Take Caplan’s theory for example. At a glance, it is contradictory to our last historical data point. If Liberals hated markets so much, wouldn’t the economic wing of the party dominate? This doesn’t completely debunk his theory though. There are arguments that can be made that range from the historical influence of Marxism on left-wing identitarian movements to HR law being an incredibly effective attack on markets that can extend the theory. While they may be complex and/or counterintuitive, they’re not necessarily wrong either. However, this brings us to our second priority.
Even if Caplan’s theory is technically right about the cultural left, it wouldn’t have been an obvious prediction to make using the information we had twenty years ago. We want a political model that not only makes correct predictions, but makes them very obvious and understandable to the average person. This is also a corrective against overly byzantine and klugey models that can be argued to be more predictive in hindsight, but are routinely “misinterpreted” in practice.
Finally, The Title
So, why midwits? What makes the least interesting people the most important for understanding politics? Well, for one, it’s funny and memorable. However, I’m not just doing this because there are memes about Liberals being midwits, although obviously I wouldn’t be writing this if I think that those memes don’t have at least a grain of truth. There are two crucial implications of this model that are either not implied or not made obvious by the other models I’ve seen:
A highly specific mechanism of action for how institutions are captured and why some institutions are more vulnerable than others
An understanding of how pockets of Republican success are symbiotic with, not oppositional to, left-wing institutional capture
Just keep these endpoints in the back of your mind for now. First let’s go over what we mean by midwit.
A midwit is typically described as someone with 85-115 IQ, although in the case of the political class, it might make sense to adjust this to somewhere closer to 100-120. More colloquially, it describes someone who has slightly-above-average ability in any domain - someone who is able to pass basic qualifications, but is in no way exceptional. Finally, a trait generally associated with midwits is that they are able to follow straightforward instructions very well, but are unable to innovate. Keep this last part in mind, it will be important.
If you’re running a dominant political party, especially one with a bureaucracy, this is exactly the type of person you want to work for you. You prefer a midwit over a dimwit for obvious reasons, with one notable (and very relevant) exception that deserves its own section later. But you also prefer a midwit over an elite* because the latter poses a threat. In many contexts, having a potential challenge to your authority is well worth the value that a more competent person brings. This is rarely the case in incumbent political institutions, as the power structure typically revolves around a system that persists with little intellectual input (and often allows for very little intellectual input to begin with). If you have doubts that this is true, consider the US government. Or any state government. Or any government that has lasted over a century. In many cases the incumbent leaders don’t even understand how the institution was built in the first place. At the same time, elites have agency too. They are more likely to abandon incumbent institutions to work independently, in institutions which are less burdened by historical constraints, or in areas that are dominated by objective rather than subjective measures.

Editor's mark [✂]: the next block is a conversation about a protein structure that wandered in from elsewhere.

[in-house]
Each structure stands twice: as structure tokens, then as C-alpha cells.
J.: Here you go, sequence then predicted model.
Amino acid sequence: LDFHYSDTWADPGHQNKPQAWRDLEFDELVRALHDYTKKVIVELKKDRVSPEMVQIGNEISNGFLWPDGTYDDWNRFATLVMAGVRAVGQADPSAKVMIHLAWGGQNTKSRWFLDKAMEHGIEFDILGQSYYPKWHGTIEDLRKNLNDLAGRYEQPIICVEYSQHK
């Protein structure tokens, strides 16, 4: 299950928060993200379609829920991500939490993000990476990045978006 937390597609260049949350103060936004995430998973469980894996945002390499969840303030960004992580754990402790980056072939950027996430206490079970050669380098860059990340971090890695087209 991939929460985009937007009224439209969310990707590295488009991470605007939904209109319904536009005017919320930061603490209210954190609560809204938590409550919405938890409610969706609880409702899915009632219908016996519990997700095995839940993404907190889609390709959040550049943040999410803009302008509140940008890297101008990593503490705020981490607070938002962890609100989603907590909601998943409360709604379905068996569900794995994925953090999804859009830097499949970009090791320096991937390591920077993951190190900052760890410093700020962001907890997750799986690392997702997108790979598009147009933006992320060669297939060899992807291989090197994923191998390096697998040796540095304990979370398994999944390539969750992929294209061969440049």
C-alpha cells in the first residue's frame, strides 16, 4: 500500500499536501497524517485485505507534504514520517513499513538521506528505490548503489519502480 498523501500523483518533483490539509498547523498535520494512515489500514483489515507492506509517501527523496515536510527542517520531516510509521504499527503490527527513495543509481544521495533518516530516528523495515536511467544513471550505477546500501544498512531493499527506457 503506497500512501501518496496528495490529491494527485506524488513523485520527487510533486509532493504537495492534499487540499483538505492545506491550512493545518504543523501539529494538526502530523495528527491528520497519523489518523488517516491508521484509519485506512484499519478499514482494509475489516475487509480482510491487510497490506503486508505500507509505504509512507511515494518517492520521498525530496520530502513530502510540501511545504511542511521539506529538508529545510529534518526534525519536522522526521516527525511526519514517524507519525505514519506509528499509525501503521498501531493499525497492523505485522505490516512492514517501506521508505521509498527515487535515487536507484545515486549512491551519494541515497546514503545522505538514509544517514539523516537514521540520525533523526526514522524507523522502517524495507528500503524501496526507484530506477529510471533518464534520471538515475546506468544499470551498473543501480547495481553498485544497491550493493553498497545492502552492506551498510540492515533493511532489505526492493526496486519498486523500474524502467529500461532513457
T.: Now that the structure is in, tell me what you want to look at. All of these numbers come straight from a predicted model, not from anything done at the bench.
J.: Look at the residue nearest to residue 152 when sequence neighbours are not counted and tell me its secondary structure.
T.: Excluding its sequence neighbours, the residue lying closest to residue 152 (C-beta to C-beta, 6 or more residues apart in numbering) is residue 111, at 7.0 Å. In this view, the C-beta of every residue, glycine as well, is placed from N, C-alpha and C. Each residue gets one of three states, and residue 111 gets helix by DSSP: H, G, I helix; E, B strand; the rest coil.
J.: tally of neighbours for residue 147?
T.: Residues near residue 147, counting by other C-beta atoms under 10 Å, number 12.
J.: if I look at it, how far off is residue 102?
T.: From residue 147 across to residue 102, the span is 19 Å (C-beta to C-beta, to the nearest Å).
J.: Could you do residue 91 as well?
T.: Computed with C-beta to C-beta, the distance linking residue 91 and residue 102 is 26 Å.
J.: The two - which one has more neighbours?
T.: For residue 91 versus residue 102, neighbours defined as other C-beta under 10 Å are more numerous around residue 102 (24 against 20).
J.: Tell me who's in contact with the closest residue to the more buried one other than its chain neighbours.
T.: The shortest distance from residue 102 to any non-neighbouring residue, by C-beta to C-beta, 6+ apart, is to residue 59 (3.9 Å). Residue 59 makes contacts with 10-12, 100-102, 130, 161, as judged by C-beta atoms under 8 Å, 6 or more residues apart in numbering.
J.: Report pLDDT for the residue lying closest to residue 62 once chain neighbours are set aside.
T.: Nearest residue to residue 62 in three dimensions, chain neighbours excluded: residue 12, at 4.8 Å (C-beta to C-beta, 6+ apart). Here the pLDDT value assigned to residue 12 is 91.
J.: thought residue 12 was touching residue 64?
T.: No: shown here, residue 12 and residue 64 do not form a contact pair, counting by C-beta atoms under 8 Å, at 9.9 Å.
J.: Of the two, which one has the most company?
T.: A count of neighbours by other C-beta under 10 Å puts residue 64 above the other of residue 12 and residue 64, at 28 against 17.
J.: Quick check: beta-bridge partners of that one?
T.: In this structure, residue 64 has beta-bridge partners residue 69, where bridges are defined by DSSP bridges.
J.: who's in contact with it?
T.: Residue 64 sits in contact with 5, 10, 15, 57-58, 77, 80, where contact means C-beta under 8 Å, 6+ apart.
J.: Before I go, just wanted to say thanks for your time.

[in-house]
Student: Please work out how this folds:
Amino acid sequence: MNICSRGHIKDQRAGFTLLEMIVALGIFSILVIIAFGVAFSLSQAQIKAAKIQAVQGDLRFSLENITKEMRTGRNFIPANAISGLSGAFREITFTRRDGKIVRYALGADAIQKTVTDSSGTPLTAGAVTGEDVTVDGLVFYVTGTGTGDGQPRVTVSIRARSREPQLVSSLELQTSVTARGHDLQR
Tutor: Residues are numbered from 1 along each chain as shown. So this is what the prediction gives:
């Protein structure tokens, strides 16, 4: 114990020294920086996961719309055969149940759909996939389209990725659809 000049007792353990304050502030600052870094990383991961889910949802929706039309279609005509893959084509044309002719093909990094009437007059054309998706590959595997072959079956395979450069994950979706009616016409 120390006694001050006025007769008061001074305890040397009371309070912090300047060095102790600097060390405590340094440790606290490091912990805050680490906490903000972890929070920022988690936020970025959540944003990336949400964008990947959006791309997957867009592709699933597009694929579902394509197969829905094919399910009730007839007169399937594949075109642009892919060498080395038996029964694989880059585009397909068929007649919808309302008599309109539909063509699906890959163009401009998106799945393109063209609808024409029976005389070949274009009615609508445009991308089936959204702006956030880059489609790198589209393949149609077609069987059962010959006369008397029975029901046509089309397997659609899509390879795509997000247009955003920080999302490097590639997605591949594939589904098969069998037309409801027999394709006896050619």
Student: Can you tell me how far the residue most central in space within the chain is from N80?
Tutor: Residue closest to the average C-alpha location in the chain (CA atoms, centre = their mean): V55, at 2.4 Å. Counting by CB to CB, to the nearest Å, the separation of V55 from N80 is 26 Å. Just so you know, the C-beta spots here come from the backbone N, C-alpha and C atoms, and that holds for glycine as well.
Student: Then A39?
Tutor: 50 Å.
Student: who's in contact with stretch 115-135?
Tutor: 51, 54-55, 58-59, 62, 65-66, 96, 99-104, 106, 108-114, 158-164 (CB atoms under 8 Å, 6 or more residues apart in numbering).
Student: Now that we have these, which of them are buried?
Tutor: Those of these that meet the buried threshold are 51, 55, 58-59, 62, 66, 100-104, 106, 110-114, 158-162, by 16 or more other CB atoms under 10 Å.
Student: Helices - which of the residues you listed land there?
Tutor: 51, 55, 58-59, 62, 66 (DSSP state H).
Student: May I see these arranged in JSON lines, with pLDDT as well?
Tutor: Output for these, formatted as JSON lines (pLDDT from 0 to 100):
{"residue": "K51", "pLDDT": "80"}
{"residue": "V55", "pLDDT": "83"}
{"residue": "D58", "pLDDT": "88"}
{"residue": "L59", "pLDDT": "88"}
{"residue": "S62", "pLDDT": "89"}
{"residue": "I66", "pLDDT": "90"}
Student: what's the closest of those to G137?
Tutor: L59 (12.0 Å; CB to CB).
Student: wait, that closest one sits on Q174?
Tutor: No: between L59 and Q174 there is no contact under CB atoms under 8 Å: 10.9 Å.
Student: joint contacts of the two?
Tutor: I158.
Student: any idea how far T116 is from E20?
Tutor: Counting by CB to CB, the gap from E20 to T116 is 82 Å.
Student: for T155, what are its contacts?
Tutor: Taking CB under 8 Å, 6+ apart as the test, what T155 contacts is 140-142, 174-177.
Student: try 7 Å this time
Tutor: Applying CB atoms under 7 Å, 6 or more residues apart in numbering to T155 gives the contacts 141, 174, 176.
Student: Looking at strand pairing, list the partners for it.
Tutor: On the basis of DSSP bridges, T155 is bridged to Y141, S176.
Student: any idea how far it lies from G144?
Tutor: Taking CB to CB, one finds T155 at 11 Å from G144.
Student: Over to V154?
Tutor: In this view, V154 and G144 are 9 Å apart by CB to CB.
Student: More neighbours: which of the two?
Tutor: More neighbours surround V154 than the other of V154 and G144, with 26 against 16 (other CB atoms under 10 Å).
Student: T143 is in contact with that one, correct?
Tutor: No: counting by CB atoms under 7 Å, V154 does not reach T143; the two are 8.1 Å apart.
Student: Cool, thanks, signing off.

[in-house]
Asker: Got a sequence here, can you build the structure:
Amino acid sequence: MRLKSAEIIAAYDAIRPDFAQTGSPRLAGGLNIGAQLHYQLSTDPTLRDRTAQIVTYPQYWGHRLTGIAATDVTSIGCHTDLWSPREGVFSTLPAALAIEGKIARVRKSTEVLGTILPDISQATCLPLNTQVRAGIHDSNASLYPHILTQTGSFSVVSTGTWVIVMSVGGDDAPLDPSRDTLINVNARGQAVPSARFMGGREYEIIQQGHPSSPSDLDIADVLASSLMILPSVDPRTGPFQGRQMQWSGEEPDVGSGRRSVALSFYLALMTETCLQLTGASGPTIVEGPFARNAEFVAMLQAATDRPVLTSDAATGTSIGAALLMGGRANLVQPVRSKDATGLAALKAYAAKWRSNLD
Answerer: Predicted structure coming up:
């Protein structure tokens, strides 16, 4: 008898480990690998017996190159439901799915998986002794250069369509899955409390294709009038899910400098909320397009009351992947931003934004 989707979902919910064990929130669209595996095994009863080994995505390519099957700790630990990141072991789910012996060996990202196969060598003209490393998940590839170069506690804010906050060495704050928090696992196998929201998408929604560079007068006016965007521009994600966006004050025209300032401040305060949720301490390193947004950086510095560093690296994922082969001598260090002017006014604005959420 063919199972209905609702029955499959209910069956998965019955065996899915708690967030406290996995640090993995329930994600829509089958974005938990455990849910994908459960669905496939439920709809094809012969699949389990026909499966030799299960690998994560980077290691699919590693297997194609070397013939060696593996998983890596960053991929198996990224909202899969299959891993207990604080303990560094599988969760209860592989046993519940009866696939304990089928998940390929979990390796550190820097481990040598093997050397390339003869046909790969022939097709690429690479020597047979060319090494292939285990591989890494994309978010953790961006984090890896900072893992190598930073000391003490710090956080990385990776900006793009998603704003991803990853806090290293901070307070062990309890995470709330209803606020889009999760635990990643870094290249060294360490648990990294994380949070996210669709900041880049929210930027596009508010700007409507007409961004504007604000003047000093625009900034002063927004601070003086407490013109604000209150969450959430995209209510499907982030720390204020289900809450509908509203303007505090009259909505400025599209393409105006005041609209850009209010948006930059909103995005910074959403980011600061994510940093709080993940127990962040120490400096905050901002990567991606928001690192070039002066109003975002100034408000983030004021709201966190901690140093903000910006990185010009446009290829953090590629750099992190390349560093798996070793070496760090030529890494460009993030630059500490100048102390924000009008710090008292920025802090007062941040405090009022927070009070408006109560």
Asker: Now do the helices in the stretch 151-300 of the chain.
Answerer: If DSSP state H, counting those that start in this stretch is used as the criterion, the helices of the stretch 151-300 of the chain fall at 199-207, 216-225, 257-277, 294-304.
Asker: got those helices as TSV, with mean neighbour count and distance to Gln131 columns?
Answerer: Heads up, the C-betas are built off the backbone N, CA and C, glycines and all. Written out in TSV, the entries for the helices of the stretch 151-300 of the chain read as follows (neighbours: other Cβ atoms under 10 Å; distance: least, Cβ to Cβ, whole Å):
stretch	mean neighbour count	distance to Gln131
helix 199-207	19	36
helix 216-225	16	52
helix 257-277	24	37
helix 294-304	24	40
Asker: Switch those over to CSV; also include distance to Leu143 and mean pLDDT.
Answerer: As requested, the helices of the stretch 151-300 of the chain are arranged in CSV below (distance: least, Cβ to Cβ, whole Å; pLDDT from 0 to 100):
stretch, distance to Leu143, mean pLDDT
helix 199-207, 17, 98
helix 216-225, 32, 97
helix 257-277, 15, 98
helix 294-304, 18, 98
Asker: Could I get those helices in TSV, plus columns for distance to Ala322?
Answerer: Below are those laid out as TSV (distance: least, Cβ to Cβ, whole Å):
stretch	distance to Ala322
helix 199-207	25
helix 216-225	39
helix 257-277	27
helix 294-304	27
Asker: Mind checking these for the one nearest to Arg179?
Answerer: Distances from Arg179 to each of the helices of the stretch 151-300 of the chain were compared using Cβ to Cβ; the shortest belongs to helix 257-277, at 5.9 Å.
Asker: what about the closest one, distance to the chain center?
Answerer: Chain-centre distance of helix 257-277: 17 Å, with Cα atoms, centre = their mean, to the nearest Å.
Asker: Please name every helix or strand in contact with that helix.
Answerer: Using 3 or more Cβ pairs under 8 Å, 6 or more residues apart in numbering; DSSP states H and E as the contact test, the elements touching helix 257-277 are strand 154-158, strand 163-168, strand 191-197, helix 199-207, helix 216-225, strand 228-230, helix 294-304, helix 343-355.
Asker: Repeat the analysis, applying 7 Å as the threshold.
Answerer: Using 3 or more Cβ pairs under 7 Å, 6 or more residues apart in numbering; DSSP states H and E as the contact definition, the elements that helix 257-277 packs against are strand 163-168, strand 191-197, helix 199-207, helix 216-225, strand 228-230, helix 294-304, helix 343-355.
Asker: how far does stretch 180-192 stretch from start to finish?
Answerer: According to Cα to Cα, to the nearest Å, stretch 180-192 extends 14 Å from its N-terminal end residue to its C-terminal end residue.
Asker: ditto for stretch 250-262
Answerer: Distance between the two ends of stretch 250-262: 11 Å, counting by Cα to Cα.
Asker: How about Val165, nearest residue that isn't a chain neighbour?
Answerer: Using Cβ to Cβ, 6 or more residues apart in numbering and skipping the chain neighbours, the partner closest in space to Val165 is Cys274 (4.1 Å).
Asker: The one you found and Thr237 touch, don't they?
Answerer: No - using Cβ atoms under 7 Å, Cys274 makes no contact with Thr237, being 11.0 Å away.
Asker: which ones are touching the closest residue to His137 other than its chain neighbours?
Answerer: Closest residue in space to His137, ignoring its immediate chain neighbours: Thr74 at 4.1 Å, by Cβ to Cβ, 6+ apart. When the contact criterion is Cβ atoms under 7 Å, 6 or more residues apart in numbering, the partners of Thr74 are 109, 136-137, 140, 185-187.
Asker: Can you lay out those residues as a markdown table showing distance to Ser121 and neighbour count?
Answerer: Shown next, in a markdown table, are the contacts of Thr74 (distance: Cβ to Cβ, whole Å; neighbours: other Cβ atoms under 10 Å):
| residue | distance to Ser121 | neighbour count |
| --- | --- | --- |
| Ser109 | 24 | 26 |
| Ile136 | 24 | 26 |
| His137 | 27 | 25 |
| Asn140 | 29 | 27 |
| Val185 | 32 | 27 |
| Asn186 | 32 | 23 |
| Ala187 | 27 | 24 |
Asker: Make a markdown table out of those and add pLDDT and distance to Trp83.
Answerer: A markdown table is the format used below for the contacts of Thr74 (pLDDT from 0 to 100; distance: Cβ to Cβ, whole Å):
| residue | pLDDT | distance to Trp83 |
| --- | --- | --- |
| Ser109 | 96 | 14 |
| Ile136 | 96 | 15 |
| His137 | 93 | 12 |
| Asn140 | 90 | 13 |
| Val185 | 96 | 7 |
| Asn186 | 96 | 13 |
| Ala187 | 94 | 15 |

*In this article, we will use elite to refer to high-performers, those above midwits, not necessarily to wielders of political or financial power (although these are clearly correlated).
So far, this is just a shared intuition, but a few examples will make this selection process clear to see in real life. Take the college selection mechanism and pay close attention to whichever major you think is most politically polarizing.
Of course, you might note that the above example only denotes averages. Much like Hanania’s, my model predicts a general trend, not an absolute categorization. There exist some brilliant (and many dim-witted) students in each of these fields. But some, on average, are more skewed towards midwits than others. IQ is also not an all-encompassing measure, but is a reasonable best-for-now heuristic without many alternatives. There are other proxies, such as income or productivity, but those are subject to even more flaws aside from certain ad-hoc cases. We can also use these degree breakdowns to project forward onto industries. For example, software engineering jobs frequently require computer science or mathematics degrees, doctors require medical degrees, etc. Also note that the selection can be applied on the type of work instead of simply the individual. For example, public sector workers had lower military exam scores (a proxy for IQ) than the private sector, but this difference dissipated once professions and demographics were controlled for. Both the type of work you emphasize, as well as the ideological skew, can have significant effects on the selection mechanism, even if the incentives for each individual role stay the same.